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Rolling Over Your Roth 401(k)


Photo credit: jb

Roth 401(k) plans have been around for a while now, but here’s something you want to keep in mind about these accounts. When you leave your employer, generally speaking, you should always rollover your Roth 401(k) to a Roth IRA. There may be a few exceptions, but that’s the general advice.

This is primarily due to the Required Minimum Distribution (RMD) requirement that is placed on Roth 401(k) accounts… unlike a Roth IRA, the owner of a Roth 401(k) is required to take minimum distributions (RMDs) beginning at age 72, just like traditional 401(k) and IRA plans. Therefore, at some point before age 72 (often upon separation from service) the owner of the Roth 401(k) should rollover the account to a Roth IRA. But see the caution below!!

Roth IRAs do require the beneficiary to take RMDs after the death of the primary owner, but the distributions are tax free, as would be expected. But otherwise, during the life of the primary owner of the account, there is no RMD required.

A Word of Caution

The Roth 401(k) (and Roth IRA) both require you to have held the account for five years, and a triggering event must have occurred (such as reaching age 59½), before the distribution is qualified and therefore tax-free. The tricky part is that the time in the Roth 401(k) doesn’t count toward time held in a Roth IRA.

So, if you roll over the Roth 401(k) account before you’ve met the five year requirement, all the time that you’ve held that account is wiped out, and the time you’ve held the Roth IRA is the new holding period. If you put the funds into a new Roth IRA, you will have to wait another five years before you can take the money out in a qualified fashion.

If you’d held the Roth 401(k) for five years or longer and a triggering event has occurred, rolling the funds over to a Roth IRA (of any age) allows you to withdraw the funds at any time, for any purpose, without tax.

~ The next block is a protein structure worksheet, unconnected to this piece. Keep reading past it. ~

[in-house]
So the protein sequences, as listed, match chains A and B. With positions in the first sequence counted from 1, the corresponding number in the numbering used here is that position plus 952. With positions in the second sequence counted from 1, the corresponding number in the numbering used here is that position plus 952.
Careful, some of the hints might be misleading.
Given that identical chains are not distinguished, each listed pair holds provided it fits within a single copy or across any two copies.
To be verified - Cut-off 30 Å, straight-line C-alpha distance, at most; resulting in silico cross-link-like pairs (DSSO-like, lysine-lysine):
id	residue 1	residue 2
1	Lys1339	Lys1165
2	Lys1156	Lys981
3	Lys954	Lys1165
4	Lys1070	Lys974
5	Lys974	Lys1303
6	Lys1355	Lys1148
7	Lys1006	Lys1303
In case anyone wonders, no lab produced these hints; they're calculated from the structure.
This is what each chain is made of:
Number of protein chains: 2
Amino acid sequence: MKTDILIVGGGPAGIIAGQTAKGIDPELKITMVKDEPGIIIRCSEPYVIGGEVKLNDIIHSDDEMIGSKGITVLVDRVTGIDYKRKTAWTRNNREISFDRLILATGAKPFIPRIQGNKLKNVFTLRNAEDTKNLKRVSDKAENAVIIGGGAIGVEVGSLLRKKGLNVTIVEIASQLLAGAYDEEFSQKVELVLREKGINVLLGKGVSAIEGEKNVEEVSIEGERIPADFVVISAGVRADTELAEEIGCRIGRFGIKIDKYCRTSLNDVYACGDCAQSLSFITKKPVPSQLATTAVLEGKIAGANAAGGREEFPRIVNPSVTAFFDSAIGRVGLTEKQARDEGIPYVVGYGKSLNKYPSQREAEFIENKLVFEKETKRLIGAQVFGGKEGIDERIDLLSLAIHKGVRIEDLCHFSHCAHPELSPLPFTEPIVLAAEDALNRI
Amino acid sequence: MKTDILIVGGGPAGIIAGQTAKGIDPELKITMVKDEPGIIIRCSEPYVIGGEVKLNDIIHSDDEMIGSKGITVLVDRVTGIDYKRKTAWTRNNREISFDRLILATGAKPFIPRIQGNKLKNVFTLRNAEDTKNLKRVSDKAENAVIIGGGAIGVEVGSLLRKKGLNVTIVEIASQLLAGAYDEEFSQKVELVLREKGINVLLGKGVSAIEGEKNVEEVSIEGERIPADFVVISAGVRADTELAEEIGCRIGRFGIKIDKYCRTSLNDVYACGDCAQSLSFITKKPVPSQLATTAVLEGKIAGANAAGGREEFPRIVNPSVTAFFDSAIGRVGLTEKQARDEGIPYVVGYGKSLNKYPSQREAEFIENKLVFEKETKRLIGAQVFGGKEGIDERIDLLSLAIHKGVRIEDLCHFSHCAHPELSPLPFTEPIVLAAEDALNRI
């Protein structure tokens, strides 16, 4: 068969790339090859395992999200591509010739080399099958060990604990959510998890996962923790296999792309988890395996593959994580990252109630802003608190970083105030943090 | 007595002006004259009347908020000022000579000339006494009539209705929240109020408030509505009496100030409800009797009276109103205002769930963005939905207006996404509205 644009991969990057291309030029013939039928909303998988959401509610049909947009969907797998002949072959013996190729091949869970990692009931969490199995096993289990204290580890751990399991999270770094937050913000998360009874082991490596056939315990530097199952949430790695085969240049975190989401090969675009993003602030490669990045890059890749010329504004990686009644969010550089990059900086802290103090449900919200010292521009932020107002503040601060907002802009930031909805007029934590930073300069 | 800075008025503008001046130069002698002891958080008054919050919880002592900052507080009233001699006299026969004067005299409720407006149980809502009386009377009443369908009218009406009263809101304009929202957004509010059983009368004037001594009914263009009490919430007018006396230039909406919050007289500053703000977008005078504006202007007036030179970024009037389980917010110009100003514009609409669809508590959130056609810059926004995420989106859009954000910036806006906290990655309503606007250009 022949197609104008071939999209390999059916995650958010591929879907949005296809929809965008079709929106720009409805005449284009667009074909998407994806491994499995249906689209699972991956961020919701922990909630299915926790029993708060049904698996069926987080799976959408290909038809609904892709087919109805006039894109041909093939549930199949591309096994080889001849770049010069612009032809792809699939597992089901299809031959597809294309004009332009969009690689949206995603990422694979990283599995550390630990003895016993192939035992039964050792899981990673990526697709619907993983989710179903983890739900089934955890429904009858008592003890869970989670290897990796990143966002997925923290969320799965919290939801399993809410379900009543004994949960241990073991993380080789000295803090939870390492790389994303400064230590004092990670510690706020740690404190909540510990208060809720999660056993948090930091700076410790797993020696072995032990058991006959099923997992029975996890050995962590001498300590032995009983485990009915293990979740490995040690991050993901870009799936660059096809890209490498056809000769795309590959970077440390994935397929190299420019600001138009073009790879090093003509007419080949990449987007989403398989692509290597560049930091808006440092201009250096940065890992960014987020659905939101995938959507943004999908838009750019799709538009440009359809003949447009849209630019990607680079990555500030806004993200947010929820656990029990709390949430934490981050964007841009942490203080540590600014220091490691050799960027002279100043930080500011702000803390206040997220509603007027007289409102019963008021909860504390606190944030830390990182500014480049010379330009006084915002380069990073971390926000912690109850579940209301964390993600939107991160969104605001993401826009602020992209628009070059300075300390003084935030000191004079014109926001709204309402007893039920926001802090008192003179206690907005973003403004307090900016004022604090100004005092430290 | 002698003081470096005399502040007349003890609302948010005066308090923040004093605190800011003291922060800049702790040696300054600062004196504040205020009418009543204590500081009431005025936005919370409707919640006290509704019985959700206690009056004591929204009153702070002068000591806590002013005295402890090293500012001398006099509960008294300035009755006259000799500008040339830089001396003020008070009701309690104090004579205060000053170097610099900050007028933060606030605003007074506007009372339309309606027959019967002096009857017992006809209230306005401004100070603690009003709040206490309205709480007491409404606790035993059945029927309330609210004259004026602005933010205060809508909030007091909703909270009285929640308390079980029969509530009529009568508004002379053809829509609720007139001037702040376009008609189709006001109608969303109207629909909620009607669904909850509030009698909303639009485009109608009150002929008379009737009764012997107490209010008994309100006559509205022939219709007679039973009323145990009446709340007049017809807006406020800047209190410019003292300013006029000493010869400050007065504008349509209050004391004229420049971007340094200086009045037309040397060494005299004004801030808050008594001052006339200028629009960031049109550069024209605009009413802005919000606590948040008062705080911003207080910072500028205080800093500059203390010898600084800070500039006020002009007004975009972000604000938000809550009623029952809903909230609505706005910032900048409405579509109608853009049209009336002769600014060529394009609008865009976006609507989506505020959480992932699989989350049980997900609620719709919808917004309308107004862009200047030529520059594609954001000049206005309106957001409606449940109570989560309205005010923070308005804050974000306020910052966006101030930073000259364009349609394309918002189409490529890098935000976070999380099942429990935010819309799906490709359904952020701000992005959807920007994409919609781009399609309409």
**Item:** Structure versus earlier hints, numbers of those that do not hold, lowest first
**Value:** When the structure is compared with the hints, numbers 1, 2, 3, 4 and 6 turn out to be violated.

1. Jason Williams says:

    I saw this debated on a CPA message board. The messages concluded that the Roth 401k has its own 5-year period to meet, and the Roth IRA rolled to will have a new separate 5-year period to meet, for all distributions from the Roth IRA to be tax-free after 59.5. One commentator noted that the amount rolled from the Roth 401k to the Roth IRA could be distributed tax-free from the Roth IRA if age 59.5 and the 5-years in the Roth 401k was met, but gains within the Roth IRA would have to wait 5 additional years (from the Roth IRA start date) for tax-free distribution to occur.

    1. jblankenship says:

      That’s how I would interpret the rules as well.

      1. DB says:

        Is this true if there are multiple Roth IRAs? Assume I have one Roth IRA that has satisfied the 5 year clock and assume that my Roth 401k has satisfied its own 5 year clock. When I turn 59 1/2, I establish a new Roth IRA and roll over my Roth 401k. Can I withdraw the total amount rolled over (contribution and gains) from Roth 401k as well as any gains incurred in the new Roth IRA tax-free or do I have to wait additional 5 years to withdraw any gains incurred in Roth IRA?

        1. jblankenship says:

          If none of the rollover from the designated Roth account was taxable upon the rollover, it doesn’t matter. If you paid tax on a portion of the rollover then the rollover will have its own 5-year clock, affecting only the taxable portion of the rollover.

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